peace, as far as he has hope of obtaining it"; this law is qual-
ified by what Hobbes calls "the right of nature," namely, that
when a man cannot obtain peace, "he may seek, and use, all
helps, and advantages of war."86 The justification of these
prescriptions, as I have argued, is based on rational self-
interest. The analytical use of the state of nature shows that
Hobbes, Leviathan, ch. 14, p. 117.

compliance with the laws of nature in the absence of an effec-

tive agreement by others to do the same would not be in the
interests of any person. The prescriptive use of the state of
nature provides the grounds for inferring that this is a reason
not to comply with the laws of nature unless the compliance
of everyone else can be assured. "[I]f other men will not lay
down their right" of nature, "then there is no reason for any
one, to divest himself of his: for that were to expose himself to
It is clear that the description of the state of nature, and of
the persons located in it, should express the point of view
from which regulative principles should be chosen. Hobbes
thinks that this point of view is adequately captured by the
idea of self-interest: principles for domestic or international
politics must be justified, respectively, by considerations of
individual or national self-interest. This view is expressed by
his description of a state of nature in which the parties do
what is in their own interests, and by his conception of a law
of nature as a rule "by which a man is forbidden to do that,
which is destructive of his life, or taketh away the means of
preserving the same."88 Our problem in assessing the pre-
scriptive use of the international version of the state of nature
is not, as it was with the analytical use considered above, to
determine whether there are common interests among states
that can support rules of cooperation, and whether the cir-
cumstances of international relations ever allow states to fol-
low those rules without unacceptable risk. Instead, we must
ask whether the Hobbesian account, applied to international
relations, provides an acceptable theory of the justification of
international moral principles. There are two questions. First,
should the justification of principles for international rela-
tions appeal ultimately to considerations about states (e.g.,
whether general acceptance of a principle would promote
each state's interests)? Second, should the justification of such
principles appeal only to interests?
The argument that states should pursue their own interests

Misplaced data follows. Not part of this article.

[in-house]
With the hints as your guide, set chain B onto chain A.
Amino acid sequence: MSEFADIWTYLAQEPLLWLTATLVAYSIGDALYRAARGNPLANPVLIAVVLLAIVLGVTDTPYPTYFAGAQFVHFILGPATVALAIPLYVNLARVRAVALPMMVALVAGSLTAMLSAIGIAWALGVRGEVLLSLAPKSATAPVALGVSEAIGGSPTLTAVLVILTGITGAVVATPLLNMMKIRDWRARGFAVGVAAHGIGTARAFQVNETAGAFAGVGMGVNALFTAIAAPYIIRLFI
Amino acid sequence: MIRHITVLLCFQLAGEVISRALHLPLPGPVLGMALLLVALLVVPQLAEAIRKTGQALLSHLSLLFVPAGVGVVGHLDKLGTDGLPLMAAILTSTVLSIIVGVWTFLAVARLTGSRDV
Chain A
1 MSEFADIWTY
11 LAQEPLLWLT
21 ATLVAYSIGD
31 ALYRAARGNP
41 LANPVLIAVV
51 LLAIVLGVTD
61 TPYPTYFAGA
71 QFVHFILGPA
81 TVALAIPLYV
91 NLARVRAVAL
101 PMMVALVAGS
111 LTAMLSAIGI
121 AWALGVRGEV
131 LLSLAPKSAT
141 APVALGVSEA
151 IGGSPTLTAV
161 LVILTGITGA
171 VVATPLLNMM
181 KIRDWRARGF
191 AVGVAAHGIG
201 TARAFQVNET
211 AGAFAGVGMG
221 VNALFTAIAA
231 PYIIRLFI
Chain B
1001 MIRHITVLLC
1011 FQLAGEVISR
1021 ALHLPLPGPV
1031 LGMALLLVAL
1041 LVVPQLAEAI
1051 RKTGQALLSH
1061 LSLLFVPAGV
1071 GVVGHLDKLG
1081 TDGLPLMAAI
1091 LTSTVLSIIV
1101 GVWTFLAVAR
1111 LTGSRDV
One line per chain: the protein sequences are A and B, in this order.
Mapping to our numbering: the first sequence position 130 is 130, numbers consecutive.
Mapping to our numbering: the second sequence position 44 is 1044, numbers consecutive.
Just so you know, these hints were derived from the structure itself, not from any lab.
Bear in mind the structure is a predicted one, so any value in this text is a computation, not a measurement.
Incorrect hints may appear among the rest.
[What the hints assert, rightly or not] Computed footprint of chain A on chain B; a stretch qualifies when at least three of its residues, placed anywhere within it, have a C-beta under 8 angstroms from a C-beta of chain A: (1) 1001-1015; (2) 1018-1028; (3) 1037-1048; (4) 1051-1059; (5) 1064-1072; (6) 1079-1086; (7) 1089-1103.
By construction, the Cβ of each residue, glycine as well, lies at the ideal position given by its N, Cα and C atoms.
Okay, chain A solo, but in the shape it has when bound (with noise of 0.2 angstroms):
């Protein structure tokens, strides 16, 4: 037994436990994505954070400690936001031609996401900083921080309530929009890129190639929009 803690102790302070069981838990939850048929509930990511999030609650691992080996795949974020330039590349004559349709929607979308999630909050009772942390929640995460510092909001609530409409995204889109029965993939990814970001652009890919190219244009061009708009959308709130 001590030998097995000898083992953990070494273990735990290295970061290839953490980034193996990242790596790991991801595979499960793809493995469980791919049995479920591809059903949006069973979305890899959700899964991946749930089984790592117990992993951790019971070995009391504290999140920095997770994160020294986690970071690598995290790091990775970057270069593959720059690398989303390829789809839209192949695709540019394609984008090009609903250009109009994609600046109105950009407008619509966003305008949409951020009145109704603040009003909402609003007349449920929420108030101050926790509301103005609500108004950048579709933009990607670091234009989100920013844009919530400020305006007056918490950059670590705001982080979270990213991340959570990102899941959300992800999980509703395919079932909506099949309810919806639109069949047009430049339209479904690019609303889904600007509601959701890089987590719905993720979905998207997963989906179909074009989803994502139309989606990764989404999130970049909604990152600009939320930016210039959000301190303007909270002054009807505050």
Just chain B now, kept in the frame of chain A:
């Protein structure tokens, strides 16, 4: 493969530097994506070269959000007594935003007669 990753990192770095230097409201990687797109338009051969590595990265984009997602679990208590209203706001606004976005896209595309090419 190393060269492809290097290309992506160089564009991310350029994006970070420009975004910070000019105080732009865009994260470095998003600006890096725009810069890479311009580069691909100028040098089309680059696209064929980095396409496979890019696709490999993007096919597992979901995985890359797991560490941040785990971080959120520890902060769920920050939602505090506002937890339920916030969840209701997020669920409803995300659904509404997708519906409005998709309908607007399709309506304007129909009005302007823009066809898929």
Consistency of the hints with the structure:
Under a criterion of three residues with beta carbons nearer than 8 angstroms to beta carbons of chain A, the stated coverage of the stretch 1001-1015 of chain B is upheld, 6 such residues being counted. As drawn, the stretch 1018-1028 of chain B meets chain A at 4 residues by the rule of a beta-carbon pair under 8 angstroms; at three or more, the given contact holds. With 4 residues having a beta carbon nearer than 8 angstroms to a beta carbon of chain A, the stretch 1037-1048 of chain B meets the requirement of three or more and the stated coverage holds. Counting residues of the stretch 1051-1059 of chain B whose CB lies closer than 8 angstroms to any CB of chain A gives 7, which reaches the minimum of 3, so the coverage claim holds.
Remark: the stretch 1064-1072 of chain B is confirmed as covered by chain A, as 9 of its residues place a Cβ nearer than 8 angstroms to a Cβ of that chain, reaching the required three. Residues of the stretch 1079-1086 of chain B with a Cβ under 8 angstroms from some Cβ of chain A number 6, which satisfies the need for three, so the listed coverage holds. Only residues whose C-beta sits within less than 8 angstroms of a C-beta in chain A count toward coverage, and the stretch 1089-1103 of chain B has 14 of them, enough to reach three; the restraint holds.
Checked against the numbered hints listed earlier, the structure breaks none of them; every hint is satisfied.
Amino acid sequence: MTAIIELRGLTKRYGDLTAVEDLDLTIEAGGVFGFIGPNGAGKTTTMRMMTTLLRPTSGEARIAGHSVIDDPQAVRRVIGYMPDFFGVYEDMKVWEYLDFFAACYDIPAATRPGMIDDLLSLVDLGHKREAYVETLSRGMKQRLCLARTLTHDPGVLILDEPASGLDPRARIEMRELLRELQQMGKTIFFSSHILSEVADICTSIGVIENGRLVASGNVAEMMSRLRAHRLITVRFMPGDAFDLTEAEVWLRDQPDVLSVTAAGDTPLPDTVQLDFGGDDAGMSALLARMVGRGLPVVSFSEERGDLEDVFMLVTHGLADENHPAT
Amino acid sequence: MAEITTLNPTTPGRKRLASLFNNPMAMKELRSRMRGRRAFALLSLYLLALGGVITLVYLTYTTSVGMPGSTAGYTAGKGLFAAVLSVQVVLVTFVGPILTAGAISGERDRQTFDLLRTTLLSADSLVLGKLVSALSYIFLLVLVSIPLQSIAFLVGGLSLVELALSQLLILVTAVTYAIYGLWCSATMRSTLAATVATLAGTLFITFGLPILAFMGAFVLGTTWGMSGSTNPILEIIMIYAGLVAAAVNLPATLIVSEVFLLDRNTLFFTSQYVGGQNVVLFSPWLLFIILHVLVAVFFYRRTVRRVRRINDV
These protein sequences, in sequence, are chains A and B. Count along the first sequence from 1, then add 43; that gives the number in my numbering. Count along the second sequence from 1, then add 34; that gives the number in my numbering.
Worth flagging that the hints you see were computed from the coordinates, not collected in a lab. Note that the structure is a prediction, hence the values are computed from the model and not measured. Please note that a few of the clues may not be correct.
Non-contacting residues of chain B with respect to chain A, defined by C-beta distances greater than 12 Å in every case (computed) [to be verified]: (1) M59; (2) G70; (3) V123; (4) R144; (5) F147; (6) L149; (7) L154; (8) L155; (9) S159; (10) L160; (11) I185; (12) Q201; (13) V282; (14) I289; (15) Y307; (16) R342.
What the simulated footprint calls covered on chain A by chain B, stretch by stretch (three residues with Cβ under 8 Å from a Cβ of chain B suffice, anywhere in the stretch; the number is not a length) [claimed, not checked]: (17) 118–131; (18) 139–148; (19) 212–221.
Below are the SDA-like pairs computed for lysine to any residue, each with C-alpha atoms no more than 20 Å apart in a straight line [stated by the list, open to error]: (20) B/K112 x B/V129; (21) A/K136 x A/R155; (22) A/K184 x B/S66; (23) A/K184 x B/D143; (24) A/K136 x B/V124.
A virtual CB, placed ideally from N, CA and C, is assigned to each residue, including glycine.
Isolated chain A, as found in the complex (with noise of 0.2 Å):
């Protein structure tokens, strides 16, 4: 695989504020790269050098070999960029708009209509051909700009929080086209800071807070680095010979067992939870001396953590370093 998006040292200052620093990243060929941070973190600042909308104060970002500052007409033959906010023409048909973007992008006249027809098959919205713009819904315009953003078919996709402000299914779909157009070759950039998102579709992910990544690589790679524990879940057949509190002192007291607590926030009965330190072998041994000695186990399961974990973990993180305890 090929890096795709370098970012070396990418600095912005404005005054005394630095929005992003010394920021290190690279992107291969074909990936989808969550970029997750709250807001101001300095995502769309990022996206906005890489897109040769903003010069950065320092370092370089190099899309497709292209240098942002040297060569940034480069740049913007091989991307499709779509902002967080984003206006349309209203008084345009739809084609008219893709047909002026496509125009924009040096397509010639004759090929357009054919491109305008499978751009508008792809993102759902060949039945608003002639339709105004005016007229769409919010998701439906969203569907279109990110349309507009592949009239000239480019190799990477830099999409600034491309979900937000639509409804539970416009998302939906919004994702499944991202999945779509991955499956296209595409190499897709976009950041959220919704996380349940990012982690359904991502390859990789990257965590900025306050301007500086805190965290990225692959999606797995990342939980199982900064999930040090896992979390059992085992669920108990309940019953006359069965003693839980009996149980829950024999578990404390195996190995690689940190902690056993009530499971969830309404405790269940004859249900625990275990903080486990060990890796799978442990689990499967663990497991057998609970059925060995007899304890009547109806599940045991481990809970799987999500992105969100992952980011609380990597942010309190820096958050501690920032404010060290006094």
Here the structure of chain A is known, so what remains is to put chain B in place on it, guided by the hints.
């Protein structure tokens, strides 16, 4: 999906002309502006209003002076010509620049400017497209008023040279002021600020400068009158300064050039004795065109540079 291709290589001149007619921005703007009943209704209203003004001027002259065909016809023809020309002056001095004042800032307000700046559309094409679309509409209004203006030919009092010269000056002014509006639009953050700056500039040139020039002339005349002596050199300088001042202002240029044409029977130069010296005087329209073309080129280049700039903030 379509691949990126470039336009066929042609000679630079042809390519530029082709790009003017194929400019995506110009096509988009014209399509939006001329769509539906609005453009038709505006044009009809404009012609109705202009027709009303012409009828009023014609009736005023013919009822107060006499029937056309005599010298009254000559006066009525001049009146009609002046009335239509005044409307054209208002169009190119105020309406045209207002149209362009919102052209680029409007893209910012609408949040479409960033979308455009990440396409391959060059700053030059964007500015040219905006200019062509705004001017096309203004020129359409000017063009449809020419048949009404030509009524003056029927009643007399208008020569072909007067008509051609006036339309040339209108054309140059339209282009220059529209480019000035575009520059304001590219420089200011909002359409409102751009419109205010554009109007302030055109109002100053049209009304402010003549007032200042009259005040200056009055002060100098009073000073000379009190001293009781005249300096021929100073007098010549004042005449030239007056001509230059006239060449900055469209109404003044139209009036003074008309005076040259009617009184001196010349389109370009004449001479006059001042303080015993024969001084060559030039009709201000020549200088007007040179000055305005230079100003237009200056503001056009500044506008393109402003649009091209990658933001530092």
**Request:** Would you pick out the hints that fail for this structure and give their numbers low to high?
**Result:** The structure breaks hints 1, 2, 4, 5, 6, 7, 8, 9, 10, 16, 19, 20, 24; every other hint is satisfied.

in the absence of reliable expectations of reciprocal compli-
87 88
Ibid. Ibid., pp. 116-17.
ance with common rules depends on the analogy drawn be-
tween persons in the interpersonal state of nature and states
in international relations. But this analogy is imperfect. In the
interpersonal case, the idea that persons can pursue their in-
terests unrestrained by moral rules might seem plausible be-
cause we assume that each has a right of self-preservation.
Hobbes's claim that the laws of nature are not effective in the
state of nature follows from the empirical claim that compli-
ance with laws of nature in such a situation could require a
person to act against his or her legitimate interest in self-
preservation. But this reasoning does not obviously apply in
the international case. By analogy with the interpersonal case,
the argument for following the national interest when it con-
flicts with moral rules would be that there is a national right of
self-preservation which states cannot be required to give up.
The difficulty is that it is not clear what such a right in-
volves or how it can be justified. States are more than aggre-
gations of persons; at a minimum, they are characterized by
territorial boundaries and a structure of political and eco-
nomic institutions. How much of this—to say nothing of such
other elements of statehood as cultural tradition, social struc-
ture, and so on—is covered by the presumed right of national
The plausibility of the claim that there is a basic right of
national self-preservation seems to diminish as the idea of
statehood is expanded. For example, it might seem relatively
unobjectionable to say that the national interest justifies some
action or policy when this is necessary to preserve the lives of
the state's inhabitants against an external threat. In this case,
the analogy with the interpersonal state of nature seems most
acceptable, because it can be argued that the state's right of
self-preservation is based directly on its individual members'
rights of self-preservation. The presumed right is less accept-
able when it is not lives but a state's territorial integrity that is
at stake, since there is not necessarily any threat to individual
lives. Persons often survive changes in national boundaries. If
we expand the idea of statehood still farther—say, another
state threatens a particular government but does not threaten
lives or territory—the analogy loses even more of its persua-
siveness. I am not arguing that persons would not have